We’re halfway through March and what a news month it’s been! Let’s review the good, the bad and the very ugly.
THE NEWS CLIMATE
Since the start of the month, it’s been challenging to keep on top of the massive stories rolling through the press.
We had back to school, the lockdown ‘exit’ plan briefing and the Sussexes ‘Oprah’ interview.
Who were the winners in the battle for coverage and consumer interest? The ones that stood out were the ones that offered the opportunity for the most commentary or interpretation and largest audiences.
Let’s look at the Sussexes revelations, which rocked the country, leaving us all holding our breath for the response from The Palace.
As predicted, it was short and sweet. We are “taking it very seriously”, certain prominent “News ‘figures”, loved or loathed, left the building, and everyone waited for the fall out.
In any other news cycle this would have been a monumental event which dominated the press for weeks, but this is 2021 and what actually happened was the news agenda moved on to a bigger story and the Sussexes story slipped down the importance poll. Not the outcome they were hoping for I’m sure.
It doesn’t matter how famous you are, it’s worth remembering that the biggest story ALWAYS takes the top spot. Tragically, for the last week, that’s been the loss of Sarah Everard. The 33-year-old marketing executive disappeared on 3rd March after leaving a friend’s house near Clapham Common.
On 9th March Wayne Couzens, a Metropolitan Police office was arrested in Kent and on 10th March her “remains” were discovered in woodland near Ashford in Kent. This has triggered a wave of protests and conversation about women’s safety across the country, eclipsing anything the Sussexes could hope to achieve.
We might love a good family drama, but when the pain resonates with our emotions and own experiences, we’ll drop it quickly.
While no-one wants to read a story like this, what we can take from it is it doesn’t matter how well timed your PR exclusive or explosive news story is, if a more prominent, shocking event happens then the news agenda quickly moves on.
In basic terms the job or role of the media is to provide information, a summary of the news; offering the most important stories of the day for their audience.
HOW NEWS STORIES WORK
The headlines are there to entice the reader into the story. Depending on the media outlet, the more ‘show stopping’ the headline the more opportunity to hook the audience and get them to read on. Headlines, of course, can also be misleading.
The media’s role is to ‘highlight’ the key points of the story (or event i.e., Oprah’s show) and then ask, and use, further commentary from the parties involved (i.e., The Royal Family press office).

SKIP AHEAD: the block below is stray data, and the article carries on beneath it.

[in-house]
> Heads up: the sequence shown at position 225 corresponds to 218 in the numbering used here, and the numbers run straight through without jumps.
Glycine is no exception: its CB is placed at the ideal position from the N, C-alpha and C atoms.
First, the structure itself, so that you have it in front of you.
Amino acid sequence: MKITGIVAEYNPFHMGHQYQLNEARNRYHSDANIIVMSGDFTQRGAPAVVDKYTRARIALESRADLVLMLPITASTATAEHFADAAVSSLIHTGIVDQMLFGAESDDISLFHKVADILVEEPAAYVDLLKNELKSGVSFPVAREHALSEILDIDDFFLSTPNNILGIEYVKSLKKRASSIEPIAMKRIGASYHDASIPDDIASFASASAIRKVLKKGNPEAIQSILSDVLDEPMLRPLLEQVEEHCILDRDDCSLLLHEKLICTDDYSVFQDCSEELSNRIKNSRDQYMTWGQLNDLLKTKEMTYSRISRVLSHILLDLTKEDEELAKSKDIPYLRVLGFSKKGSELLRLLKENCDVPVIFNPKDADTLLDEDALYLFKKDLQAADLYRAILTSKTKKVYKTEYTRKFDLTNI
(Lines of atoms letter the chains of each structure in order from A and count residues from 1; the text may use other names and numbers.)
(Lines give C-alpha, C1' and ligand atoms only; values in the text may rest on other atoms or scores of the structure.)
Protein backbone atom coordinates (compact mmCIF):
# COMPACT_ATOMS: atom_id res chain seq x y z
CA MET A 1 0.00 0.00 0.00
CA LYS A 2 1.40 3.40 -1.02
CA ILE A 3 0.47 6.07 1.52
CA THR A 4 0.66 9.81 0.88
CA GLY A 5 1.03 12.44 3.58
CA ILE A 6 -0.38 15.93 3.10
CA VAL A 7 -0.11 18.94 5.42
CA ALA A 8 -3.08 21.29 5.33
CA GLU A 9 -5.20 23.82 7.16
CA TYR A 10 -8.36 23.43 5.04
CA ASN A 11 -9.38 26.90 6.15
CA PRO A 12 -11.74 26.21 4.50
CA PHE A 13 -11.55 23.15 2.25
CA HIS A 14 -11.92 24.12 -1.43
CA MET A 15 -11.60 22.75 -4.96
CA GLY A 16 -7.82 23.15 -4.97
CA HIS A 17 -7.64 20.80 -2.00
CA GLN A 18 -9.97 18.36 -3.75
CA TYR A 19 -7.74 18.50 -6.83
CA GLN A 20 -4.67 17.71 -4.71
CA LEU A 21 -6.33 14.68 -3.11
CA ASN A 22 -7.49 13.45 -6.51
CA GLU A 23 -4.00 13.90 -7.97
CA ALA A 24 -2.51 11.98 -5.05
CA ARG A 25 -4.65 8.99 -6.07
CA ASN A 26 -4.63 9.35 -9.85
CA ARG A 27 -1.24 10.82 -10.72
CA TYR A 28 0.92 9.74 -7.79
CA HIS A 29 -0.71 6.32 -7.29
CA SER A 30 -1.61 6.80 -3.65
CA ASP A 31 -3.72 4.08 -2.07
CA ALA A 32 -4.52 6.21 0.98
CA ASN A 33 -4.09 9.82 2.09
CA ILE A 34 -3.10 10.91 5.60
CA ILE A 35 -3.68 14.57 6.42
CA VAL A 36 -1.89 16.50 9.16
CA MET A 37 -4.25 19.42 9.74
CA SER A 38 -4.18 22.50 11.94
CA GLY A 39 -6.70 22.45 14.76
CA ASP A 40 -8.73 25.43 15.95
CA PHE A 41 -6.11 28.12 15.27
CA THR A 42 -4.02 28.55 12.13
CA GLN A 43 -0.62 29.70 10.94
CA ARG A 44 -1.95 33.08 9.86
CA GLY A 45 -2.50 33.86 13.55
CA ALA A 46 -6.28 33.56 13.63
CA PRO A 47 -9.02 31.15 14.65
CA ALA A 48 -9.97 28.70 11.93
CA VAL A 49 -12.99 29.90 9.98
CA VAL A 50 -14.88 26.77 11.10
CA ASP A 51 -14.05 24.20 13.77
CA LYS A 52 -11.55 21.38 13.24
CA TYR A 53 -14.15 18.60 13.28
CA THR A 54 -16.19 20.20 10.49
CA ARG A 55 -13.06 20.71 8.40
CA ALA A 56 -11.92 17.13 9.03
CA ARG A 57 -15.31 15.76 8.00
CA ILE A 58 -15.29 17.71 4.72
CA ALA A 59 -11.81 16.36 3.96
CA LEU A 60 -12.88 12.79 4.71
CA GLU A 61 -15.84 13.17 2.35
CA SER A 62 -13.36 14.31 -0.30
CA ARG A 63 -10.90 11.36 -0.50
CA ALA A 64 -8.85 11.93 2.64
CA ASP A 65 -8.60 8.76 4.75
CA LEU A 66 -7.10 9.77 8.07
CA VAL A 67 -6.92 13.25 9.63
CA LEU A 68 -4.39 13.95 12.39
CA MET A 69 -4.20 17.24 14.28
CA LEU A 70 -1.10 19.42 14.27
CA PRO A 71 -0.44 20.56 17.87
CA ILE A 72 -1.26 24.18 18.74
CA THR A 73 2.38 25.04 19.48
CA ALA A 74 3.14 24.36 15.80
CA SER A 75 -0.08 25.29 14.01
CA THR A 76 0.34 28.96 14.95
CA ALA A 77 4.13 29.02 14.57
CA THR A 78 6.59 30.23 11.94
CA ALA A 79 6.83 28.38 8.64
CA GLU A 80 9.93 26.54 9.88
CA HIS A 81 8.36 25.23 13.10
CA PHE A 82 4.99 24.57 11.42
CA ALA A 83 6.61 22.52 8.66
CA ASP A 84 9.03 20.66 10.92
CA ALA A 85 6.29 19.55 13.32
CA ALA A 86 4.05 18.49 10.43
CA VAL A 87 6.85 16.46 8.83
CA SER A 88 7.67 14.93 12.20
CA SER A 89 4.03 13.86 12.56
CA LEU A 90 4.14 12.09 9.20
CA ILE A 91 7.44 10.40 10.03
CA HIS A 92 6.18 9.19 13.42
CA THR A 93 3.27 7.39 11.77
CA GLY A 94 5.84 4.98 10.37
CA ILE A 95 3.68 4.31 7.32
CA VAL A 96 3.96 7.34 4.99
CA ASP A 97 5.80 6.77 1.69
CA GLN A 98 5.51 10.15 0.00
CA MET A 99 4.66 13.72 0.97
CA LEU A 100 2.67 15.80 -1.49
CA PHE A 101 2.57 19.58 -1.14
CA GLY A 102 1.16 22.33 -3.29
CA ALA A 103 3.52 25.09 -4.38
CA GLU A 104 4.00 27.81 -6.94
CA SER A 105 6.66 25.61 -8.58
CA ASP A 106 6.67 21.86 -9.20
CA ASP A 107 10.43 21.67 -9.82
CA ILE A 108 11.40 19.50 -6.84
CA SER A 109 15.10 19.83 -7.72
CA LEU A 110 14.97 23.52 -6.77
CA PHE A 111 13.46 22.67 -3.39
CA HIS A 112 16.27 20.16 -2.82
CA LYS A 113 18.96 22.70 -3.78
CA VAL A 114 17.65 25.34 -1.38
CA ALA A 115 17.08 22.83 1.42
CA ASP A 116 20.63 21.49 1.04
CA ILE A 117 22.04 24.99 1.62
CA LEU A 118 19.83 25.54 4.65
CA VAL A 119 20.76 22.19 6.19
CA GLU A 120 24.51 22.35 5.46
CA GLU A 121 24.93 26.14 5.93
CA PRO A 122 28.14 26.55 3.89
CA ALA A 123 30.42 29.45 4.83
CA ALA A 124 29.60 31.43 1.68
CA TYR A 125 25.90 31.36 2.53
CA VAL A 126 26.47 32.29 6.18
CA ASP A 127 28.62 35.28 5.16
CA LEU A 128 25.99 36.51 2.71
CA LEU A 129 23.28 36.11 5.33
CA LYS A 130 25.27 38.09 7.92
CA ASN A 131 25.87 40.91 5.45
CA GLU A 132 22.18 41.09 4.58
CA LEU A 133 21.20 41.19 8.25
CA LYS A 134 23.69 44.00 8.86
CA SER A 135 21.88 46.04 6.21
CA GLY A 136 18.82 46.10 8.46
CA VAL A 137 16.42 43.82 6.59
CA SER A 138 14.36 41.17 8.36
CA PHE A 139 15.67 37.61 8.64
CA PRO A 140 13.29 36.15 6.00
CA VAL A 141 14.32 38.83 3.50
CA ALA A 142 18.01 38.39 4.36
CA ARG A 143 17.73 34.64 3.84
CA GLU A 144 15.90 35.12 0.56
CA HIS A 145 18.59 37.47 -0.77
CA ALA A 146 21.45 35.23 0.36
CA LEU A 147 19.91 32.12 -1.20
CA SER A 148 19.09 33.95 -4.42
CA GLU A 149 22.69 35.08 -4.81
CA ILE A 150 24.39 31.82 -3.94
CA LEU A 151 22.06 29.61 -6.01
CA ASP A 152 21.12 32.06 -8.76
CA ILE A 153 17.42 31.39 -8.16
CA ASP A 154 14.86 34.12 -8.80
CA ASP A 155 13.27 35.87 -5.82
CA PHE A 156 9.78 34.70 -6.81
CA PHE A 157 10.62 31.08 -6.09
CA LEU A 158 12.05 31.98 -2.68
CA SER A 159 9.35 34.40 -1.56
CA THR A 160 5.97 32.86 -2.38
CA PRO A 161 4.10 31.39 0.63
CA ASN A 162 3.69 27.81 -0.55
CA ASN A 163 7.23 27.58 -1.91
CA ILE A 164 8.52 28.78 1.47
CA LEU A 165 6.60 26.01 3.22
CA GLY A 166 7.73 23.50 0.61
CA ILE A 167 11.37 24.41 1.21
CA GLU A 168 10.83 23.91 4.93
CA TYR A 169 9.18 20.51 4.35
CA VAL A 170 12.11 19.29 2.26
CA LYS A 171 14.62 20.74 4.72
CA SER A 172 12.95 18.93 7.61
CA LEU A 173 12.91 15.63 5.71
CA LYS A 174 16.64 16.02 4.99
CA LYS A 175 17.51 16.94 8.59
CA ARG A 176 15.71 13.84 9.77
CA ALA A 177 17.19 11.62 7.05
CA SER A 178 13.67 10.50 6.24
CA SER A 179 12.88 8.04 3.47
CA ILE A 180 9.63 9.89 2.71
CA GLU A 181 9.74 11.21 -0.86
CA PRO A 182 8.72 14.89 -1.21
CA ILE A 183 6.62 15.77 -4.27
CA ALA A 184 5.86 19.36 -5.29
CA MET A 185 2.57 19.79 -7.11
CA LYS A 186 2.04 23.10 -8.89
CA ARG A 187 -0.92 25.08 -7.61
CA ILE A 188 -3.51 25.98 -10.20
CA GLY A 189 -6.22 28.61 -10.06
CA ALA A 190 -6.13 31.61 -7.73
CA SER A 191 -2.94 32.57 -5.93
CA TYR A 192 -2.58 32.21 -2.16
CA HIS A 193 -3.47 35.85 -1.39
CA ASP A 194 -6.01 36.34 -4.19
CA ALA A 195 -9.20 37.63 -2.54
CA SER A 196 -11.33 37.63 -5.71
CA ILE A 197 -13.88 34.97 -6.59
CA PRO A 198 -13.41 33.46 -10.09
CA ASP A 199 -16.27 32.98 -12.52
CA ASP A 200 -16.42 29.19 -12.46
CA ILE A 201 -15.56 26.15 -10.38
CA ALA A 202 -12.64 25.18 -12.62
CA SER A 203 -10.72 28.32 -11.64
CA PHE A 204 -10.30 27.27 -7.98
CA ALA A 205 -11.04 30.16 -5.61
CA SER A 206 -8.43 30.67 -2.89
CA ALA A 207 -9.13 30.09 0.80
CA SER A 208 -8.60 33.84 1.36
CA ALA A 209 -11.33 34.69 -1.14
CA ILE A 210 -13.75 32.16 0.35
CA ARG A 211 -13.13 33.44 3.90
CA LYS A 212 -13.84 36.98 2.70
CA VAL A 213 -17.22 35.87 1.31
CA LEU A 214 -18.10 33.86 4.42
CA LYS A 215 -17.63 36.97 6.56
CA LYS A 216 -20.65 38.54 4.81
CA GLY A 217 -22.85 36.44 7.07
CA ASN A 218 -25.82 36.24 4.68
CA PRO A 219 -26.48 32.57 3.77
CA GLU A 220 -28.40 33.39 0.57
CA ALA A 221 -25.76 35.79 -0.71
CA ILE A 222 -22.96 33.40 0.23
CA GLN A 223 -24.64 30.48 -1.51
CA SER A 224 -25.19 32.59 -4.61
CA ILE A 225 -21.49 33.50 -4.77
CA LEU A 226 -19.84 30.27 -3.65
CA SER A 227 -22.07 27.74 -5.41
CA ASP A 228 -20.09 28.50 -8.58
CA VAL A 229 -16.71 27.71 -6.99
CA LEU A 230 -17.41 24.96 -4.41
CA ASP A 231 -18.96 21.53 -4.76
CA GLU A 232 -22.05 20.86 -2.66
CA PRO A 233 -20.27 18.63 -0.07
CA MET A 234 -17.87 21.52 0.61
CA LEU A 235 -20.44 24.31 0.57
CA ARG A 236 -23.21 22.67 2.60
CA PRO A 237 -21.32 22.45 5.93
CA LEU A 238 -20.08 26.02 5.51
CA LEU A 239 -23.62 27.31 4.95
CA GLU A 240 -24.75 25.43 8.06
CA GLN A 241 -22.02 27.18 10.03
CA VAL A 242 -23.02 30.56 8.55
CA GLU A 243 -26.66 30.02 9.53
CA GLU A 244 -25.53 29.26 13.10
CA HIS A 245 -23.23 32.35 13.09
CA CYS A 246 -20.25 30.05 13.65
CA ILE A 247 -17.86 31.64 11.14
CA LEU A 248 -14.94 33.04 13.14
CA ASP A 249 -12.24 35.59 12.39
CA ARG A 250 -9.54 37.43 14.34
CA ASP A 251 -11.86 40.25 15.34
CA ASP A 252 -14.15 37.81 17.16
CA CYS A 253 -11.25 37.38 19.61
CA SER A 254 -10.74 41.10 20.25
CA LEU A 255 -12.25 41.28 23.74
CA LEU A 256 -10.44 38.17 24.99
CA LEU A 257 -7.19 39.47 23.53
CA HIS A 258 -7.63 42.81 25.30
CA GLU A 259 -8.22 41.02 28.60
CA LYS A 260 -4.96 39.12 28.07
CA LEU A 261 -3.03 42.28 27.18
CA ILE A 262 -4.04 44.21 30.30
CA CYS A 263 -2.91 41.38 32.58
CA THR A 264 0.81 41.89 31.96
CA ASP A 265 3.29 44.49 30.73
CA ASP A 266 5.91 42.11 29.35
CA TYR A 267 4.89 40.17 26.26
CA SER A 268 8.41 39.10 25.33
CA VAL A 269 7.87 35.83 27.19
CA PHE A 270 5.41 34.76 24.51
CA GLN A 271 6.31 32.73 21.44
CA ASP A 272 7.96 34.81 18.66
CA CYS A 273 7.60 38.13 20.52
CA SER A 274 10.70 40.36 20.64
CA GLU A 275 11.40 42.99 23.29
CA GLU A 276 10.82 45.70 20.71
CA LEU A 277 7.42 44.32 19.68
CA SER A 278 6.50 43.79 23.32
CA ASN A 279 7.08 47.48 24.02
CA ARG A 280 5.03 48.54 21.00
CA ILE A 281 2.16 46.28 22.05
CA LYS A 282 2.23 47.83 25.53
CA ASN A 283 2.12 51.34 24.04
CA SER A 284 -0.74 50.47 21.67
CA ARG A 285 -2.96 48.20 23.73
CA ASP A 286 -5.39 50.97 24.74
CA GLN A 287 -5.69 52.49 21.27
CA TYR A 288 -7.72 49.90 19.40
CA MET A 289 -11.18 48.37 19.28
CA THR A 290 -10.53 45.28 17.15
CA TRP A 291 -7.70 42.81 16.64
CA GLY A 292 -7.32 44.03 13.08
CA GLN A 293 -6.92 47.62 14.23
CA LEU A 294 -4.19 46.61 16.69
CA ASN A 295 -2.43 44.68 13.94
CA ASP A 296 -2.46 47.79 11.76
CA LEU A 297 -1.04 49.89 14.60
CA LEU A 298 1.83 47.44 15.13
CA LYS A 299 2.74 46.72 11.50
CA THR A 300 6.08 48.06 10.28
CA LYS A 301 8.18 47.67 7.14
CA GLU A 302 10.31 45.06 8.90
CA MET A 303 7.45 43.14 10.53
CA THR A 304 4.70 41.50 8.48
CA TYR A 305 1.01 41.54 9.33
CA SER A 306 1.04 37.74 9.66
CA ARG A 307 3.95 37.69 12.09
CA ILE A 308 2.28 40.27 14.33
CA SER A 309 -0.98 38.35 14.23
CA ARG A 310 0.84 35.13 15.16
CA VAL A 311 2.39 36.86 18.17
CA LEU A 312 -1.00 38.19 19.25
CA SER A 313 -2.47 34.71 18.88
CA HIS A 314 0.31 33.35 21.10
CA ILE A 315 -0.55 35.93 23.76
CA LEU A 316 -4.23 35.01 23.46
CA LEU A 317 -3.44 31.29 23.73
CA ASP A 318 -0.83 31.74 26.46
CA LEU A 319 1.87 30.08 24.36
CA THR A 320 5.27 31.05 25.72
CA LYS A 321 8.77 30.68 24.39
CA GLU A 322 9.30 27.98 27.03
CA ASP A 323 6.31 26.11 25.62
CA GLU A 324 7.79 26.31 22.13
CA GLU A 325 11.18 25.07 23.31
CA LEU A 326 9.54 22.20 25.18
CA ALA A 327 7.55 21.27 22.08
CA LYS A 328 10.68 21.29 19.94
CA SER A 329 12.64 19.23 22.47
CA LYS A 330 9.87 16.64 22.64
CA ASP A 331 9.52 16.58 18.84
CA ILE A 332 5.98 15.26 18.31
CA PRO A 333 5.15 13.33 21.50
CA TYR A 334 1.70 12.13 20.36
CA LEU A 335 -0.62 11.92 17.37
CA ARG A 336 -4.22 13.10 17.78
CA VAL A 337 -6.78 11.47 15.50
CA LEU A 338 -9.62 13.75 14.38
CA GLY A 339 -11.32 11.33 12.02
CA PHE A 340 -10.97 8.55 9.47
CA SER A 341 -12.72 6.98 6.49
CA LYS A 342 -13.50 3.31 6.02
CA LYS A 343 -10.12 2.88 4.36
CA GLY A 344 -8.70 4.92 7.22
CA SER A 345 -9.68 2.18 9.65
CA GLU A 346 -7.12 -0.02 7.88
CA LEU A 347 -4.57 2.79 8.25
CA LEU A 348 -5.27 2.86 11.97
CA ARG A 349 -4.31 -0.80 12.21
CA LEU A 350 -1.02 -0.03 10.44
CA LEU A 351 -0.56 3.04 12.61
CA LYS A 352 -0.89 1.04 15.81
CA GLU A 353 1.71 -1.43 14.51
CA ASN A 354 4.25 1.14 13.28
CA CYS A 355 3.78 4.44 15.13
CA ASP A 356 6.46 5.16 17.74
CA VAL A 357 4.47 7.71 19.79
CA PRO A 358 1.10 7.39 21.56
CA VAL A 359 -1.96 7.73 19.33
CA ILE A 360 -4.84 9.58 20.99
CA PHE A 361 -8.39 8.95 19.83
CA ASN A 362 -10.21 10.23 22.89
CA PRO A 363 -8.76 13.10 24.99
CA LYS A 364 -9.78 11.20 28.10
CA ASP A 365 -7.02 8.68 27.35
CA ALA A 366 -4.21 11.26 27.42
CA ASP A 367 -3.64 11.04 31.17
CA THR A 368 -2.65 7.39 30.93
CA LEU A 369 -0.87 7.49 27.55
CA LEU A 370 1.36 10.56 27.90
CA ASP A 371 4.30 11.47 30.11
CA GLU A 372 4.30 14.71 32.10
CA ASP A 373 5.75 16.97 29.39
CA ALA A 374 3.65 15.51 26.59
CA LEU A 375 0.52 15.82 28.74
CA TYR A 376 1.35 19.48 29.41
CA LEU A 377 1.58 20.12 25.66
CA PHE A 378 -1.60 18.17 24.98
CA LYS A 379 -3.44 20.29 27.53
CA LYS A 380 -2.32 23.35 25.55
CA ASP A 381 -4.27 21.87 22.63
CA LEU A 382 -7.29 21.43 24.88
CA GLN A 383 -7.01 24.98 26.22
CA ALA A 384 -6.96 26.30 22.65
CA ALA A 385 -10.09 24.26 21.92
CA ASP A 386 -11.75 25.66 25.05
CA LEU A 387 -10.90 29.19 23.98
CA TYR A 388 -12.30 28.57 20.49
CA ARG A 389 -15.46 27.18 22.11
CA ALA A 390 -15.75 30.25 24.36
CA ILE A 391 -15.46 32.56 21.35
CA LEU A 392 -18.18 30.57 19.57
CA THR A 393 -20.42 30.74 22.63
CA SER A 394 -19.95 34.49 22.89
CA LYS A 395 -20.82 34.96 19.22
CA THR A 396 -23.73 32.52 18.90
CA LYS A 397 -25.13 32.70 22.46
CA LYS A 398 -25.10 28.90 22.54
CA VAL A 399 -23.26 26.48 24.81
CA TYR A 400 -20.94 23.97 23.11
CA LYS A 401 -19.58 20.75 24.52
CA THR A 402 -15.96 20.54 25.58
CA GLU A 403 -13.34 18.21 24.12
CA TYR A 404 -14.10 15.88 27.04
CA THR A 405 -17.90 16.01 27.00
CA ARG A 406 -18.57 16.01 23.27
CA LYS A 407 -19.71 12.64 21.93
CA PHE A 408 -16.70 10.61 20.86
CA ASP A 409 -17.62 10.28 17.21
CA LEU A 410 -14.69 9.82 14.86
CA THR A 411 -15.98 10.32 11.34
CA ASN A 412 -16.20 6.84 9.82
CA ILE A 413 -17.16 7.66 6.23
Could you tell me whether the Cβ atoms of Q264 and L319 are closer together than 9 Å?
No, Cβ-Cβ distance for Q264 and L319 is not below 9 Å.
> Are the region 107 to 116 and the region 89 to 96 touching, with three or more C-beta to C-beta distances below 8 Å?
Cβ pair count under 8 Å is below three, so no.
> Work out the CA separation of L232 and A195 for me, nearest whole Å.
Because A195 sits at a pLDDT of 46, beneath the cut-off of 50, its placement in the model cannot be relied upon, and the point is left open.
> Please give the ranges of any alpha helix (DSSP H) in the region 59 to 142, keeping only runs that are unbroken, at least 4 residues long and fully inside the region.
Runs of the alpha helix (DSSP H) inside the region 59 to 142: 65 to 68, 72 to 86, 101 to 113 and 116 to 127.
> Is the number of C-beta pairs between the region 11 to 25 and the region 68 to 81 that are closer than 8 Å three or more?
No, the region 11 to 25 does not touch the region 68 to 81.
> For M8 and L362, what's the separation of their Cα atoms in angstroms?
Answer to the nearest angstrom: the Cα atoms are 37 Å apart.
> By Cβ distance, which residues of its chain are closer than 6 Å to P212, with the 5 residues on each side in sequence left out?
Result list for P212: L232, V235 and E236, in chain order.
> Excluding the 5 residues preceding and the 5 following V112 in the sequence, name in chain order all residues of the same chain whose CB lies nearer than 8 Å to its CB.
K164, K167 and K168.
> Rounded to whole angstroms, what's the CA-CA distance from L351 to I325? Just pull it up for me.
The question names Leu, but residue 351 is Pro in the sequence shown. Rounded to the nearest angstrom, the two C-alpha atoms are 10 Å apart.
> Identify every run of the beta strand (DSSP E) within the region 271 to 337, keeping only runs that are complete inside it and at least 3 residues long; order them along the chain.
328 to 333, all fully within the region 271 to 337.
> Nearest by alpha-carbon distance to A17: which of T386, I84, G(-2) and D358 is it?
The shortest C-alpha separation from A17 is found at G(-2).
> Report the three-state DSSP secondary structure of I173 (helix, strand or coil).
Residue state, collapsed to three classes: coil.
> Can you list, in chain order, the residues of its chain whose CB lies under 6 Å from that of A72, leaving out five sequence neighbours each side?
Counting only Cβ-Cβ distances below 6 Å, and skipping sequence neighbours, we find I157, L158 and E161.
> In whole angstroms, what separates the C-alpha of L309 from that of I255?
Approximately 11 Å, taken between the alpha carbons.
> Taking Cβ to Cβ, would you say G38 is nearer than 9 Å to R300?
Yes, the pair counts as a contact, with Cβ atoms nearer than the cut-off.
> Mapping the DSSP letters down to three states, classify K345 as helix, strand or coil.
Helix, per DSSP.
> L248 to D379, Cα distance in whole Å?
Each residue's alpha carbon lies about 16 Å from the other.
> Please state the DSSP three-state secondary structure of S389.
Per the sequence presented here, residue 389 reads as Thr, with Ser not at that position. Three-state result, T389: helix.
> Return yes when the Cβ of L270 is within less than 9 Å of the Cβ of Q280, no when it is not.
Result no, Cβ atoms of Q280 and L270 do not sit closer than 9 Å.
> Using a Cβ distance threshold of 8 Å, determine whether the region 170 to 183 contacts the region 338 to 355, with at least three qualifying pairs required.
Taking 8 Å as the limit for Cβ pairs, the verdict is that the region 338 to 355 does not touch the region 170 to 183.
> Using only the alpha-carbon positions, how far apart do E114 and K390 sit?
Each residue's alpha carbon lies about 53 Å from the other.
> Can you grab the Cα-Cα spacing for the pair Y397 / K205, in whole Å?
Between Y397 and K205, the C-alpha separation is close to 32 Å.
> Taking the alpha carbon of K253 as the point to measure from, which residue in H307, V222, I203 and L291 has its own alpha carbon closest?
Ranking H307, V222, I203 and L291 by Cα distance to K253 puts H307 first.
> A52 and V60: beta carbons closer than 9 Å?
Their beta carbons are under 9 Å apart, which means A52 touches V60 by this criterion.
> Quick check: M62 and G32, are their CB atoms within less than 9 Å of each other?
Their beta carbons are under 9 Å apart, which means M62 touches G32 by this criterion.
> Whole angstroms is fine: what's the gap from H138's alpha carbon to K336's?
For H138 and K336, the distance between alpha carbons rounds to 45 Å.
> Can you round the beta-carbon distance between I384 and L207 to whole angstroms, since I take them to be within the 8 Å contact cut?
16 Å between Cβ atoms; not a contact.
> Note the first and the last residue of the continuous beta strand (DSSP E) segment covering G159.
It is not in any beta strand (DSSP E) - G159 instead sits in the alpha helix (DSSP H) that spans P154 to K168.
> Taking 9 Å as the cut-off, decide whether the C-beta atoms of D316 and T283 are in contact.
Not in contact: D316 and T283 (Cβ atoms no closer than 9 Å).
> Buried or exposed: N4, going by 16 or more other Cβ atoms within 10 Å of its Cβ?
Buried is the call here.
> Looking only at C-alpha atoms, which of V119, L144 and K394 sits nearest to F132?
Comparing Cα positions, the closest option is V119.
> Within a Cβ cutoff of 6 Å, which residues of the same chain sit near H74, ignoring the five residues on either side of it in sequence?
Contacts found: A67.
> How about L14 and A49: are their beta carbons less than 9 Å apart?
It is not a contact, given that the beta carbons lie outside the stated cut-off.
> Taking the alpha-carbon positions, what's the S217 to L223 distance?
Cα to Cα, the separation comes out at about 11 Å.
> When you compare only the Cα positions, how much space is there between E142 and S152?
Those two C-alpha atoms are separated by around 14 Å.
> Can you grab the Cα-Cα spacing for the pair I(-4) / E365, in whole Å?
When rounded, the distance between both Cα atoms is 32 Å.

Further statements, clarity or even proof points will help the audience draw their own conclusion from the news article. Whilst live broadcasts give the viewers the opportunity to watch the complete interview, the media outlet can still influence the conclusion by pushing, cutting, and focusing on certain key points.
Think previews and trailers. Provoking further discussion means that readers come back for more. Click further for background, browsing time on websites go up or buy the paper or magazines promising more details. We call this the content, context, commentary, and conclusion, or the 4 C’s for short.
WHAT MAKES A STORY
In crisis, it’s vital to understand what a journalist wants from a story. The closer you can match it, the less likely they’ll rewrite it to a different narrative.
A story is defined by a number of elements:
Light and shade: we love a good side and a dark one –the media will often assign goodies and baddies. Make sure you know which you want to be.
Killer quotes: don’t send over a load of waffle from an egomaniac CEO, no matter how much they ask. Keep your quotes tight and to the point and you’ll avoid unfortunate cuts.
Genuine newsworthiness: don’t bore the press, or the public with old, or repetitive stories.
The human element: Even B2B communications needs a human element to engage the hearts and minds of the press and public. No human? No buy in and buy in is what press officers need the most.
Shareability: Modern media lives and dies on clicks. If no one has any reason to share your story, journalists won’t touch it.
WHY DOES IT MATTER?
I’m explaining this to provide an insight into why you need to be prepared for tricky interviews and media attention. If you want to get a different outcome you need to be prepared.
If you’re keen to improve your crisis communications skills, you can practise by applying the 4c’s to any story in the press.
Remember to think about what happened and what is the focus or discussion point?
Where did it happen and why, who was involved and who is quoting?
Finally, a killer ending, how are you concluding your story to leave the audience wanting more, but satisfied they have gotten the story you wanted to tell?
Need to learn more? Get in touch with email@example.com to learn more about managing your crisis pr strategy.
Own the story, don’t be the story!